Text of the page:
prepare appropriately structured, developed, supported and referenced documents (such as pleadings and submissions) used in administrative law proceedings in courts and tribunals
(1) Online skills exercise. Hurdle requirement. The due dates of the components are set out in the Reading Guide.
(2) Seminar Attendance & Participation. Hurdle requirement. The date will depend on the seminar topic allocated.
(3) Seminar Written Response (Word limit 1,000 Words). Worth 20% of the final mark in the subject. The due date will depend on the seminar topic allocated.
(4) Written examination. Open book. Duration: 30 minutes reading time and 2 hours writing time. Worth 80% of the final mark in the subject.
Other materials that students may access online
|Breadth Options:|| |
This subject is not available as a breadth subject.
|Fees Information:||Subject EFTSL, Level, Discipline & Census Date|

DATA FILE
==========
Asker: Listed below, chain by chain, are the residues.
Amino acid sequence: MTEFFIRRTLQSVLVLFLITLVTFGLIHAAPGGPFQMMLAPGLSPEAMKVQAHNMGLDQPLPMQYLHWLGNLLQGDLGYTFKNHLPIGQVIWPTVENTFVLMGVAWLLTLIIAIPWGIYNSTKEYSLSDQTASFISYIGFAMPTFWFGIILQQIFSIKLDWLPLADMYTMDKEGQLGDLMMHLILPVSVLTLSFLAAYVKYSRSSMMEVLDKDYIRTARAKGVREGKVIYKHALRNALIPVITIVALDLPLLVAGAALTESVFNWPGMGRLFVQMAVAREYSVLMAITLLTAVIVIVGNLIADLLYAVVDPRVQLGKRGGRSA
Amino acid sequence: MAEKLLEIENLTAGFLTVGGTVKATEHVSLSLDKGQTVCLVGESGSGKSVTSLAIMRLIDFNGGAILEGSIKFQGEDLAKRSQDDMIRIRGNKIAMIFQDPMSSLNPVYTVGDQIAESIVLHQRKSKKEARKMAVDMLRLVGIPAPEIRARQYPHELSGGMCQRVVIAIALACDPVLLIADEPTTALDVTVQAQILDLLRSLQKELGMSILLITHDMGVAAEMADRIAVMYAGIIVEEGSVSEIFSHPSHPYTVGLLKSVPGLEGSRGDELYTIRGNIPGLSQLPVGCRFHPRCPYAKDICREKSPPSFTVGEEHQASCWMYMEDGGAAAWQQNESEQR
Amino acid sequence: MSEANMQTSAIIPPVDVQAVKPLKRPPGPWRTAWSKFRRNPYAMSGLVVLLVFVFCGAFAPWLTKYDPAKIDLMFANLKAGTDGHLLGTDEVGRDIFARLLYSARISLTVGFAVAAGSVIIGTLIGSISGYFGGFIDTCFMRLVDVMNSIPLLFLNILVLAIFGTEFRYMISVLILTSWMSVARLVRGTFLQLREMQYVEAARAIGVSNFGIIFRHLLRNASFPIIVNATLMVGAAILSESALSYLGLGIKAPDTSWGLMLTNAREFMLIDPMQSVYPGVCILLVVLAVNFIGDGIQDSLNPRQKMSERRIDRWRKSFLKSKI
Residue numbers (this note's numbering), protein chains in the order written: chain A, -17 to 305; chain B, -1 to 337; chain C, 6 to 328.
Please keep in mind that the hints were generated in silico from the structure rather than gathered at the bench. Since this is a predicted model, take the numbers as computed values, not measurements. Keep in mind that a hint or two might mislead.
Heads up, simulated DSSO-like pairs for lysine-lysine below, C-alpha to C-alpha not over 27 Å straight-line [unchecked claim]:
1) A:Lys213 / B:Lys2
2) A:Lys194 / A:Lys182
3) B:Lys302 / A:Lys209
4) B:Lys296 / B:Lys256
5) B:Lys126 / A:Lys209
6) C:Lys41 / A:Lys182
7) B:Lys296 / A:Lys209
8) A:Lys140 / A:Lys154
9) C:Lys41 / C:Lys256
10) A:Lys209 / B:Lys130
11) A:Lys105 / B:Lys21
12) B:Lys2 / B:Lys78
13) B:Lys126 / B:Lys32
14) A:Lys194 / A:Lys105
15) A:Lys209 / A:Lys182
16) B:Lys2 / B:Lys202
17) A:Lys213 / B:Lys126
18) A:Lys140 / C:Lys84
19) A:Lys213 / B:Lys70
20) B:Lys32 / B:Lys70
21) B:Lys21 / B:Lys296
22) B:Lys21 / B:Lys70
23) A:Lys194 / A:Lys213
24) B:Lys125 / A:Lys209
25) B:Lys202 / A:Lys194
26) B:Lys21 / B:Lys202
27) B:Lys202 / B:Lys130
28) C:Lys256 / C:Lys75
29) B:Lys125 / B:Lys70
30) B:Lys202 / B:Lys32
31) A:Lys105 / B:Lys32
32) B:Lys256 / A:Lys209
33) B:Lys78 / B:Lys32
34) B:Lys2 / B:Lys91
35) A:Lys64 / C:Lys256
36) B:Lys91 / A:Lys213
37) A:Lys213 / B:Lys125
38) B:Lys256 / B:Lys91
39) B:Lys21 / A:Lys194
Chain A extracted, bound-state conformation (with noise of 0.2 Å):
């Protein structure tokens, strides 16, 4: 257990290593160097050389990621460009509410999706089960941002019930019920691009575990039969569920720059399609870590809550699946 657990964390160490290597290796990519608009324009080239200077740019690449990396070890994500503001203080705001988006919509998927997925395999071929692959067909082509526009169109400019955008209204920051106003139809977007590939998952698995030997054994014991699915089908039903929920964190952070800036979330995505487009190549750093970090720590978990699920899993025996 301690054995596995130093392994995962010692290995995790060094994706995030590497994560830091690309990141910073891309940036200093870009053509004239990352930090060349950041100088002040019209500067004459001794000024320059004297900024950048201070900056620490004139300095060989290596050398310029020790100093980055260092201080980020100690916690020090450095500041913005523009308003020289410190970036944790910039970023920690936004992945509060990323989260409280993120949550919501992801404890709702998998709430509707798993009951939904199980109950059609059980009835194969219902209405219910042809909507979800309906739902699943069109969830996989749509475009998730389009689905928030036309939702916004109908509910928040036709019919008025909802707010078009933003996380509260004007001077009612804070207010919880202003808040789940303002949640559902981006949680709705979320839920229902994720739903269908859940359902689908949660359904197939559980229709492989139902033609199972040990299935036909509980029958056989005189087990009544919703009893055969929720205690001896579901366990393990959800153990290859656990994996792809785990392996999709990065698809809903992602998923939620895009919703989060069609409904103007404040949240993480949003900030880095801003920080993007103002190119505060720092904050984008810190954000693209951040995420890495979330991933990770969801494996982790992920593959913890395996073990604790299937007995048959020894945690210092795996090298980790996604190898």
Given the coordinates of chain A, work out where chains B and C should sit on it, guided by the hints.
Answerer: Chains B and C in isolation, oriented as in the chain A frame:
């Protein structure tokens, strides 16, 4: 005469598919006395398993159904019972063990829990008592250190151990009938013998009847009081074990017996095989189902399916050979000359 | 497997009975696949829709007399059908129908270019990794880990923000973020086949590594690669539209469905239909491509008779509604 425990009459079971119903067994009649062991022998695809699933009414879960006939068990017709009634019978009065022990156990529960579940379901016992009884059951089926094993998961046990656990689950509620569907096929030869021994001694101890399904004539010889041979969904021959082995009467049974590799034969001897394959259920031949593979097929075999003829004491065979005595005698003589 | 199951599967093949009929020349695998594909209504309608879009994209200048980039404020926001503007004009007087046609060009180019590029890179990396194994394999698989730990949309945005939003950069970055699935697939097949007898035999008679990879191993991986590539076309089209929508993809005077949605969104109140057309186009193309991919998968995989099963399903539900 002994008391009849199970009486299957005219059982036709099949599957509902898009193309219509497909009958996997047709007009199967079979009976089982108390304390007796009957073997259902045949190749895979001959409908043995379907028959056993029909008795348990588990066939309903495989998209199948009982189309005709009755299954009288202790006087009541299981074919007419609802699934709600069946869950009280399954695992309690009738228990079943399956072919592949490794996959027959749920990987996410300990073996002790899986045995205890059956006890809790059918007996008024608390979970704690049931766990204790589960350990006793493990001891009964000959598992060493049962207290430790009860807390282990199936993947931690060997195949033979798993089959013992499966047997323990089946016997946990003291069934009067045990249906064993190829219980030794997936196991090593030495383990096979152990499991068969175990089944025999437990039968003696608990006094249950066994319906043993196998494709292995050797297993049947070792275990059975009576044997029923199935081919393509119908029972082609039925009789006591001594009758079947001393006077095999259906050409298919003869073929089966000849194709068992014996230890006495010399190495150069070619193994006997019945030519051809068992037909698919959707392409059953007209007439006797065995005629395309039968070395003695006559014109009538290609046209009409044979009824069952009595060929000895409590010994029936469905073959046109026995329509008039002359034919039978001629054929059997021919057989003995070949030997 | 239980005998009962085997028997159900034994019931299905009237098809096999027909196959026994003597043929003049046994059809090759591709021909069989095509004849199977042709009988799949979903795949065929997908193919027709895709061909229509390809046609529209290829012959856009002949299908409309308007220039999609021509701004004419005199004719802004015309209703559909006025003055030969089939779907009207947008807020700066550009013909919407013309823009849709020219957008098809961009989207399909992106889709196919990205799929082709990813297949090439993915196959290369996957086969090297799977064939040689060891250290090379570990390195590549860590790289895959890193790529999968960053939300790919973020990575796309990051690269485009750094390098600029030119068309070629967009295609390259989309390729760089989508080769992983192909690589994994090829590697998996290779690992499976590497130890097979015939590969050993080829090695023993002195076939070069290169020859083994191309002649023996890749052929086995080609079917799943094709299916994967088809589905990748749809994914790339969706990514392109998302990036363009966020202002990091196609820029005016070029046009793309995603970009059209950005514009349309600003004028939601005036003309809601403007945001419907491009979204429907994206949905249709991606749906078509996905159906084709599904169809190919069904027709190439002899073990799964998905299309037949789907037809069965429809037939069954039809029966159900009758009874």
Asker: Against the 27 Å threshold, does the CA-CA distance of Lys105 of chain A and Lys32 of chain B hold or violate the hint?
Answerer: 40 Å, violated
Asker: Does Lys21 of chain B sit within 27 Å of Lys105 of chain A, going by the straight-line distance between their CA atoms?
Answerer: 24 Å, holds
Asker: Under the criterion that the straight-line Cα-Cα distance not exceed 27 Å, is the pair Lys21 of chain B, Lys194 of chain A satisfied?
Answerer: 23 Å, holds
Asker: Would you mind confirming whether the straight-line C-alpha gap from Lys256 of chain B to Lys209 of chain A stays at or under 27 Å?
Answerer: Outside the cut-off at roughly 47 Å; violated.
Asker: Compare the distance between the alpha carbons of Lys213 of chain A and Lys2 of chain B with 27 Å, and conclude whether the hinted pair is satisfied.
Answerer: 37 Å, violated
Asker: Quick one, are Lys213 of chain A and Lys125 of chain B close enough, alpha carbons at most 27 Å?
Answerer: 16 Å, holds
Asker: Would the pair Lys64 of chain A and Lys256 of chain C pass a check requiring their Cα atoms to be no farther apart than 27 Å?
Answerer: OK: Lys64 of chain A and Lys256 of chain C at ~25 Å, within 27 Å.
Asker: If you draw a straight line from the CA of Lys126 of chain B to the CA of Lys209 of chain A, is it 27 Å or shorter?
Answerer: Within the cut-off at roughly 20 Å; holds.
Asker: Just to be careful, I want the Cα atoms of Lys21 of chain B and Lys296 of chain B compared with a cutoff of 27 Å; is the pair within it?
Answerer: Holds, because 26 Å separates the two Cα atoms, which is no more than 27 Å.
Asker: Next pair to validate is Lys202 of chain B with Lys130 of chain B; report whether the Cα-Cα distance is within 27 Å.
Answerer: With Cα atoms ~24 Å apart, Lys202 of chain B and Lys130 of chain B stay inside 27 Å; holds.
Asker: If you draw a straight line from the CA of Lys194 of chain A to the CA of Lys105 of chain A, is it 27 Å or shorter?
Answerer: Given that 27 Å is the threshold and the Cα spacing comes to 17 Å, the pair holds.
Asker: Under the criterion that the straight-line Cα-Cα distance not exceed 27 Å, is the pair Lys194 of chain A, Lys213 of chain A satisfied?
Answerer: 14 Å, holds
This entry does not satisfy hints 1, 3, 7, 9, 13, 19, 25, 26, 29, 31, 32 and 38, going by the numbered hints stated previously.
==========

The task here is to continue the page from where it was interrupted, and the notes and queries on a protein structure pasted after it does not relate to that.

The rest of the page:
On completion of the subject, students should have developed the following generic skills:
In addition, on completion of the subject, students should have developed the following skills specific to the discipline of law:
- case reading and analysis, including an ability to:
- statutory reading, interpretation and analysis, including an ability to:
- legal analysis and problem-solving, including an ability to:
- legal research skills, including an ability to:
- legal writing skills, including an ability to:
- oral communication skills in participating in classroom problem solving and discussion
- an ability to work in groups to solve problems and critically analyse legal materials in a classroom setting
- have enhanced general cognitive skills in relation to reading and comprehending legal materials; logical analysis and reasoning; legal research and writing; application of legal principles to factual situations; identifying relevant factual information; identifying and considering options to resolve legal problems; drawing on the knowledge of other disciplines to understand and resolve legal issues.